Monthly Archives: March 2012

Your Money and the Two Wolves

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Your Money and the Two Wolves

You’ve probably already heard this story:

An old Cherokee is teaching his grandson about life, and says, “A fight is going on inside me.”

“It is a terrible fight and it is between two wolves. One is evil – he is anger, envy, sorrow, regret, greed, arrogance, self-pity, guilt, resentment, inferiority, lies, false pride, superiority, and ego.” He continues, “The other is good – he is joy, peace, love, hope, serenity, humility, kindness, benevolence, empathy, generosity, truth, compassion, and faith. The same fight is going on inside you – and inside every other person, too.”

The grandson thinks for a moment and then asks his grandfather, “Which wolf will win?”

The old Cherokee wisely says, “The one you feed.”

I love this story, but hadn’t heard it before today.  The more I thought about it, the more I realized it applies to virtually every aspect of our lives.  How we handle our friendships and our intimate relationships … our jobs or businesses … and, yes, even our money.

Let me give you an example.  Say you walk up to 50 people and ask, “Would you like to have financial peace of mind?”  How many people do you think would say “yes”?  (I would be very surprised if the number weren’t very near 50  … unless they got sidetracked asking what exactly you meant by “financial peace of mind.”)

So we can start with the premise that no one wants to be in debt.  No one wants to lie in bed at night worrying about how to meet the existing bills, or how to be sure one emergency won’t push them over the edge financially, or how to hold on to the savings already accumulated that are at risk of disappearing with the tumultuous economy.  No one wants to be poor, broke, cleaned out, in debt up to his or her eyeballs and ducking credit companies and bill collectors.  No one wants that.

So what makes the difference between those who reach financial peace of mind and those who do not?

Think of this:  there is no lack of information on what is required to get your financial house in order.  (The internet is loaded with it.)  And there is no dearth of people and services available to you in your community, your church, your library or your friends and family.

Once again, what is the difference?

Now, I’m not saying that in order to reach financial peace of mind you have to be a goody two-shoes, focused only on love, hope, humility, empathy and compassion.  But I am saying that it’s unlikely you’ll get there from a place of envy, greed, self-pity or false pride.

To bring it back to words I use more commonly when I write:  to reach financial peace of mind you have to (1) be willing to be open to understanding what baggage you bring forward from your childhood as mistaken money messaging, and let it go.  No ego.  No self-pity.   Just compassion.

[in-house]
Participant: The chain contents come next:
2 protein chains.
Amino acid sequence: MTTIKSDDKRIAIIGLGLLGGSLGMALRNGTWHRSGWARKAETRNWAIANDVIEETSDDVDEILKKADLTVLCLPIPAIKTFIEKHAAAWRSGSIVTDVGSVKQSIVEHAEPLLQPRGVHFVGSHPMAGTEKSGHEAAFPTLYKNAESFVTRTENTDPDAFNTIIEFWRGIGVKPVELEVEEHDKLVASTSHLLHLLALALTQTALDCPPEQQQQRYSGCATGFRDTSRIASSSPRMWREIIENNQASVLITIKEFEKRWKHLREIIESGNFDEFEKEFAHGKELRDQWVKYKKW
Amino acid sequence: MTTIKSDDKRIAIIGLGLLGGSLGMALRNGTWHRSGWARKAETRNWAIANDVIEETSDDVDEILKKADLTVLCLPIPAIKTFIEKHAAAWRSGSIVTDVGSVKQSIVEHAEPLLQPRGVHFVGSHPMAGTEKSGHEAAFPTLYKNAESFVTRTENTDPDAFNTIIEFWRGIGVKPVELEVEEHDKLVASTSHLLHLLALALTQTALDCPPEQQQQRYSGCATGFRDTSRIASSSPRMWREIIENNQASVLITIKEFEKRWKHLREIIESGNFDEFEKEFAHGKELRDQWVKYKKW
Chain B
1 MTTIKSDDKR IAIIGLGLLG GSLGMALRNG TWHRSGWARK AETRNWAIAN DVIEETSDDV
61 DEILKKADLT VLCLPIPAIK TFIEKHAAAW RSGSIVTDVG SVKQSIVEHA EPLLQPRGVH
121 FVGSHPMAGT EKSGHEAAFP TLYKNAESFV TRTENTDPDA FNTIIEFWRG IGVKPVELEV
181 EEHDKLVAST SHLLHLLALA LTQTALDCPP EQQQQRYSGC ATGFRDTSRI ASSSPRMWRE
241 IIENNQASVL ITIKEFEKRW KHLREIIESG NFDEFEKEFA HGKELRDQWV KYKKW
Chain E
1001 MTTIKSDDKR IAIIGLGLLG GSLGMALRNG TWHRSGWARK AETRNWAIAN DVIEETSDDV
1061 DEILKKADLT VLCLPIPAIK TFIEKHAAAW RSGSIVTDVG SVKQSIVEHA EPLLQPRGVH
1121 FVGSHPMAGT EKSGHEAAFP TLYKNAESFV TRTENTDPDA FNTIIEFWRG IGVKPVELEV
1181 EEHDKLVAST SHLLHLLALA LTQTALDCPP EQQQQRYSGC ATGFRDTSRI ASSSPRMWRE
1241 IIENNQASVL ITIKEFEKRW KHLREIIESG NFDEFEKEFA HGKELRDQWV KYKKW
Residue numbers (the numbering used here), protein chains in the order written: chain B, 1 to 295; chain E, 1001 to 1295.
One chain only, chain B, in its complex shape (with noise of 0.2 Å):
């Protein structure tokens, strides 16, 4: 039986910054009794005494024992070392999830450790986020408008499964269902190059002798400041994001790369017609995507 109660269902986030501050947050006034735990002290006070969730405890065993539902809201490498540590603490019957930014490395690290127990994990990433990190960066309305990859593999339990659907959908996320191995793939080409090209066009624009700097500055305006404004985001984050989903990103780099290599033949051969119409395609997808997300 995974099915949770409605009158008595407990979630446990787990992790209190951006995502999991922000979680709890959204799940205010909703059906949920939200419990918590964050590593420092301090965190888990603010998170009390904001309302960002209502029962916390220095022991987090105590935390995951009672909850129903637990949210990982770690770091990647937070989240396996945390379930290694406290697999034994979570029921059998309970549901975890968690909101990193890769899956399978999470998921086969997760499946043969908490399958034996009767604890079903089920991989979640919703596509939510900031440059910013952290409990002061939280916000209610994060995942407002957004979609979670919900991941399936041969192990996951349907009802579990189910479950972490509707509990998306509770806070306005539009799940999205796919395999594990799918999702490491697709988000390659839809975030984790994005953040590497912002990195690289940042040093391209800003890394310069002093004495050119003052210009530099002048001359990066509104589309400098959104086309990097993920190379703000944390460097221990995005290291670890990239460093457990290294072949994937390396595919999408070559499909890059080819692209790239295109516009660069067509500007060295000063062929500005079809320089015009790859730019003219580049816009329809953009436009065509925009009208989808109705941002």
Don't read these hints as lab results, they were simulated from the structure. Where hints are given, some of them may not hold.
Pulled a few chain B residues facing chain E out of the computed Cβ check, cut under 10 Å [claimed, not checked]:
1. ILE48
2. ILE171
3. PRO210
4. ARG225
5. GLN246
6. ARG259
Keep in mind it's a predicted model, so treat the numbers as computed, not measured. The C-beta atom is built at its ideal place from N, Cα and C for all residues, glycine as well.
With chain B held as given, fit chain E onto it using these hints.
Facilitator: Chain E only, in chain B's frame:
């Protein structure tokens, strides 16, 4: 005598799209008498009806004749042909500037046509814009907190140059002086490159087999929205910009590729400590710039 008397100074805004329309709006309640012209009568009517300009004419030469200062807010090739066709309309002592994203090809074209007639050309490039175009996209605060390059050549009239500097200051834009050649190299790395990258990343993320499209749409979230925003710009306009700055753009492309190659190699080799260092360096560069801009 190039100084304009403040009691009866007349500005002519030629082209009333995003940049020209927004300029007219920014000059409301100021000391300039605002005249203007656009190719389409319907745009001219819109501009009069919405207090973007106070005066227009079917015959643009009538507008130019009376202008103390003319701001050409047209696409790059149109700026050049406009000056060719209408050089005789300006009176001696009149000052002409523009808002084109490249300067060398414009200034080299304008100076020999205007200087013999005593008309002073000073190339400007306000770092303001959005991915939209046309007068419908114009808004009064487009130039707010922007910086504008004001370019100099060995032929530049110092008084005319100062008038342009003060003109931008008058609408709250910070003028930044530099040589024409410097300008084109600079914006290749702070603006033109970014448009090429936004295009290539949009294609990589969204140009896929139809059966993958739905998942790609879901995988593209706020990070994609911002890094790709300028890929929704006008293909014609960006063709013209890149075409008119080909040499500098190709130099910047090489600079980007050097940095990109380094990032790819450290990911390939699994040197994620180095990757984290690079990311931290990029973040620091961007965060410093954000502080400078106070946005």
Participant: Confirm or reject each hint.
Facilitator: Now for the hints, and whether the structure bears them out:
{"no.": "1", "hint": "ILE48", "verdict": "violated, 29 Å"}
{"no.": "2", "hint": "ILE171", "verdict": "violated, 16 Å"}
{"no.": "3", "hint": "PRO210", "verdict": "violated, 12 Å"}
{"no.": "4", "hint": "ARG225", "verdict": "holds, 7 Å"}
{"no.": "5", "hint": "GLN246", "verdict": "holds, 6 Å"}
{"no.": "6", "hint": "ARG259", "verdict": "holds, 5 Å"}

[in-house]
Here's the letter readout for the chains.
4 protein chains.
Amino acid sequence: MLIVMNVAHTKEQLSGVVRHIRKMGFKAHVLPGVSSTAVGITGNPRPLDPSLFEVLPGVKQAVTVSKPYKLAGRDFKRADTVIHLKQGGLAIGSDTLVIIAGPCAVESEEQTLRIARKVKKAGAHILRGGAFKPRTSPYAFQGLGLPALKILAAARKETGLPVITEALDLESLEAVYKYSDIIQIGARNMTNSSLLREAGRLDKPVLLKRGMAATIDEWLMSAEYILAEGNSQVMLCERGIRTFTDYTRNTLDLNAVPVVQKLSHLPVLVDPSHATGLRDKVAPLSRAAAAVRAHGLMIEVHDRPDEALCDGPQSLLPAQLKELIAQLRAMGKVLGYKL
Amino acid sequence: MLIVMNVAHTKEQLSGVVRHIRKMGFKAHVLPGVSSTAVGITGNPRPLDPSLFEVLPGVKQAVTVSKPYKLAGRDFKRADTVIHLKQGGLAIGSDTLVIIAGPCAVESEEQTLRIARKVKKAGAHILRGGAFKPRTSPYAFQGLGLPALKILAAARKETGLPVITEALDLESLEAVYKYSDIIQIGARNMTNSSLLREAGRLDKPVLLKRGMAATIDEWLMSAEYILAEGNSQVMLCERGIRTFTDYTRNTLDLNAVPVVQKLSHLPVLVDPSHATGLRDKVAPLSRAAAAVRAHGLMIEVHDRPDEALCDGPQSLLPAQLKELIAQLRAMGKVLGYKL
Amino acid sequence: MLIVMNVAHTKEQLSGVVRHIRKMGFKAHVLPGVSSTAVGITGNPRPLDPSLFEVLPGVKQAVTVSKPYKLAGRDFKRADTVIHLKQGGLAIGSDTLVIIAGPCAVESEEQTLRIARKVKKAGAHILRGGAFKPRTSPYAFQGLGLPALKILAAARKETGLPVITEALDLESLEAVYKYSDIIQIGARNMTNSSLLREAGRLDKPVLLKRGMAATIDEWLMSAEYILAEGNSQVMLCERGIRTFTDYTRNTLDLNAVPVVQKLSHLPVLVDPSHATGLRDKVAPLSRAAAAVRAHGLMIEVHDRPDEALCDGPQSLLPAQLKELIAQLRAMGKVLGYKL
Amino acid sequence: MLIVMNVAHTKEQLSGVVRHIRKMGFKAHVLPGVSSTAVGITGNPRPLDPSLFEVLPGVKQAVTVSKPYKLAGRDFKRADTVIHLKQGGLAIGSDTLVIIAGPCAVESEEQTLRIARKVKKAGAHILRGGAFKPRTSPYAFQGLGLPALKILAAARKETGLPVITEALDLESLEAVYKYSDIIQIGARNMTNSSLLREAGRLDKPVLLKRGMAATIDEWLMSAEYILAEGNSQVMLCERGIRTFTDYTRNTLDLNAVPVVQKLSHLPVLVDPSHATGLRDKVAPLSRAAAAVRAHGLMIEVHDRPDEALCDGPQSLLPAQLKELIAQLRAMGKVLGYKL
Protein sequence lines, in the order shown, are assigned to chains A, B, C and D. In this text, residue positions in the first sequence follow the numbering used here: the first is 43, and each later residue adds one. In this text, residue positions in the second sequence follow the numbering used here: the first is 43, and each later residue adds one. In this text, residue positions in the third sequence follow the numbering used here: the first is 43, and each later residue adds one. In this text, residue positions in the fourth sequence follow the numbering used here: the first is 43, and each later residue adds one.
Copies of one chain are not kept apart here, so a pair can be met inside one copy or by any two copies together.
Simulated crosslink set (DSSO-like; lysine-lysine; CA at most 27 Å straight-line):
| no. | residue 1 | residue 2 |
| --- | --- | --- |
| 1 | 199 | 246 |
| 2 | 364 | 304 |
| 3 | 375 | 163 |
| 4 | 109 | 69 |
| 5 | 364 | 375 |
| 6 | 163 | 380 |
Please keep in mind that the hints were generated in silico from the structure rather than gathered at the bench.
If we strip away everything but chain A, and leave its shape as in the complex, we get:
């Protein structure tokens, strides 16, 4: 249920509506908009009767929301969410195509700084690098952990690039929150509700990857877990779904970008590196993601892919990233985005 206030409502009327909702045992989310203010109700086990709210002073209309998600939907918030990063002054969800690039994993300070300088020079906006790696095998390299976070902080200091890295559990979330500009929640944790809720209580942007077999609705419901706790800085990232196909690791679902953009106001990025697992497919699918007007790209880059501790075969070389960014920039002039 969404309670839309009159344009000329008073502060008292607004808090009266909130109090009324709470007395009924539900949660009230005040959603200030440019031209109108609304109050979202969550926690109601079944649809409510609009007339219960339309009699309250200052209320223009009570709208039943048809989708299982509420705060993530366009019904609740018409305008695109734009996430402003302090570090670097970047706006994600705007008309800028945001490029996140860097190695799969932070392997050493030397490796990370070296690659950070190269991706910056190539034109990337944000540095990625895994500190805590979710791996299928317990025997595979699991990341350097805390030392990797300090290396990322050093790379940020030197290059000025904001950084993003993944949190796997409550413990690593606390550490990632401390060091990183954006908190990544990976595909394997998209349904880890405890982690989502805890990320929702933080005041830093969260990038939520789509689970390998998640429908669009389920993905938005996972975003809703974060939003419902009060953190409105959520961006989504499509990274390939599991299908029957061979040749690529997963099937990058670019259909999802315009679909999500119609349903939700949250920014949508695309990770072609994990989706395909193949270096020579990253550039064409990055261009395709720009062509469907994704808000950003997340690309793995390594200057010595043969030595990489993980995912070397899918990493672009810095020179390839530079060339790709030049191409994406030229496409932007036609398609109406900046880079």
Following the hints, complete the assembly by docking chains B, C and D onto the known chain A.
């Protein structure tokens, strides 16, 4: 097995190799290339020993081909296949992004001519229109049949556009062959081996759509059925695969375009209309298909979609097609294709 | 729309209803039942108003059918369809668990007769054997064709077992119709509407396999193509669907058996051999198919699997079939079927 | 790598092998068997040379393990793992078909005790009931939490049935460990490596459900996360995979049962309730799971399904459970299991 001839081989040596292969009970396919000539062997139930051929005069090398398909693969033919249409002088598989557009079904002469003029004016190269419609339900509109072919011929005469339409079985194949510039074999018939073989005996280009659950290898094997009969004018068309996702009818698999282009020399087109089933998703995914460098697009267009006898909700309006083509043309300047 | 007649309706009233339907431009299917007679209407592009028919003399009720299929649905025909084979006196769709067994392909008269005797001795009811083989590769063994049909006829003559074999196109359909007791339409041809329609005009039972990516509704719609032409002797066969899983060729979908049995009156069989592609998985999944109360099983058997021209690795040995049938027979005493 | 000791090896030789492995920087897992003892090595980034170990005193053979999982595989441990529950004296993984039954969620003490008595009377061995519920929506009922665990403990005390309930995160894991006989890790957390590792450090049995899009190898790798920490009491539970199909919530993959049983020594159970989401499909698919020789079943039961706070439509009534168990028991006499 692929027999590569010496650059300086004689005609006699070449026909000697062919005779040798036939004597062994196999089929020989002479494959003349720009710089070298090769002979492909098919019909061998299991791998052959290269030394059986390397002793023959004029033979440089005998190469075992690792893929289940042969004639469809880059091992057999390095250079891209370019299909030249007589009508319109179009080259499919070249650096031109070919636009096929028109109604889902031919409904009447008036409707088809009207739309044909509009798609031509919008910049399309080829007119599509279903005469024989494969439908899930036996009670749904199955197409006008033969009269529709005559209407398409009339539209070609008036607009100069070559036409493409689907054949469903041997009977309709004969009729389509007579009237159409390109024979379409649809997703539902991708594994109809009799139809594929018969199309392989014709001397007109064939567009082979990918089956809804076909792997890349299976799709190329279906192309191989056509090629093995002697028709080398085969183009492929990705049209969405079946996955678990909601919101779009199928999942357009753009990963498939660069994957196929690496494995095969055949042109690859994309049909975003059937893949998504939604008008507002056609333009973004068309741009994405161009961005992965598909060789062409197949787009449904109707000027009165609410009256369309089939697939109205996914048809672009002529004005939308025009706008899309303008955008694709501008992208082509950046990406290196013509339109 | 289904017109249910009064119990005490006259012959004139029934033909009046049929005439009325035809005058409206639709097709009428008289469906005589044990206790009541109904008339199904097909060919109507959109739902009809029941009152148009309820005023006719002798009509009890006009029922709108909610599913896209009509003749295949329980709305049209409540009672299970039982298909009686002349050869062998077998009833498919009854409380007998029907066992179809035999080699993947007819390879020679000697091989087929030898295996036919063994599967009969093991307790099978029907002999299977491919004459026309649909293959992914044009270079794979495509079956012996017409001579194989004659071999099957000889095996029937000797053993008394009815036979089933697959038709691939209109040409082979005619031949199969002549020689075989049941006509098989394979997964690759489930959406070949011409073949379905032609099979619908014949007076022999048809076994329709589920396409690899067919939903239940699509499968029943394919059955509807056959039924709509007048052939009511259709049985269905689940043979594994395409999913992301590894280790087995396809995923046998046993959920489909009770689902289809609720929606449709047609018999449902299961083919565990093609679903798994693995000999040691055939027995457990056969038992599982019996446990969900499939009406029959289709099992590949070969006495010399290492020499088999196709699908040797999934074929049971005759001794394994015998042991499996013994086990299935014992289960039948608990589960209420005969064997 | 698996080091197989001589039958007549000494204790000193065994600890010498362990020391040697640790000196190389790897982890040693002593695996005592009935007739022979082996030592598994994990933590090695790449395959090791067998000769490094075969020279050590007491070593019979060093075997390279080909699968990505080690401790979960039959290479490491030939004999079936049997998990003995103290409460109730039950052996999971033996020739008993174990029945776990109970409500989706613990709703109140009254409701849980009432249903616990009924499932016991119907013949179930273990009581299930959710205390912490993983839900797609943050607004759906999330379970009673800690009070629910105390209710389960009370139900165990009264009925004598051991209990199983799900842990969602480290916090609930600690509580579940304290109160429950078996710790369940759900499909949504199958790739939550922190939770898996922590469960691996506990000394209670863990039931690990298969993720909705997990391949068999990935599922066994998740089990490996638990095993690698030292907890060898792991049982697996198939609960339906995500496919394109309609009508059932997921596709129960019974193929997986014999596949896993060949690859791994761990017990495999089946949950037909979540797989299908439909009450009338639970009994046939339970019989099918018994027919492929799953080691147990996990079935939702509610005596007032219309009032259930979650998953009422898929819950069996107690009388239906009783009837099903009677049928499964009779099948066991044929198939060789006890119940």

You have to (2) be willing to look at your financial situation honestly, putting things down in black and white, with no squiggling or squirming.  No deceit.  No little lies.  Just truth.

And you have to (3) have clarity about what’s important to you way down deep (as in your life purpose) in order to have the motivation to do everything that’s needed to reach financial security.  No anger or arrogance.  Just pure vision.  And belief.

Honestly, now: do you ever hear yourself saying “I just want all of this mess to disappear and I don’t want to have to worry about money anymore”?   Or “Why do I work so hard and everyone else seems to be better off than I am?”  And then, even if you do come up with a plan that could change everything for you, do you then abandon it after three or four days?

Do you find that, no matter how often you talk about it, you seem to be stuck in the same place?

If so, what wolf do you think you’re feeding?

Let me know in the comment section below if you think there’s any chance you could be focusing on the wrong things, and feeding the wrong wolf.

xxxxxxx

Bio: Sharon O’Day lost everything at age 53: her home, her business, everything. But how could that be? She’s an expert in global finance and marketing with an MBA from the Wharton School. She has worked with governments, corporations, and individuals … yes, she was the secret “weapon,” if you will, behind many individuals in high places. Yet she did! Since then, with her finances completely turned around, Sharon has gone on to interview countless women. She’s done extensive research to understand how that could have happened, especially with her strong knowledge of numbers and finance.

The surprising answers will be shared in her upcoming book “Money After Menopause.” Today her mission is to show as many women as possible how to become financially free for the long term, through her Over Fifty and Financially Free coaching programs. She has developed a step-by-step plan to get past all the obstacles that keep women broke and scared … and from reaching the financial peace of mind they so deserve … if they’re willing to do what it takes!

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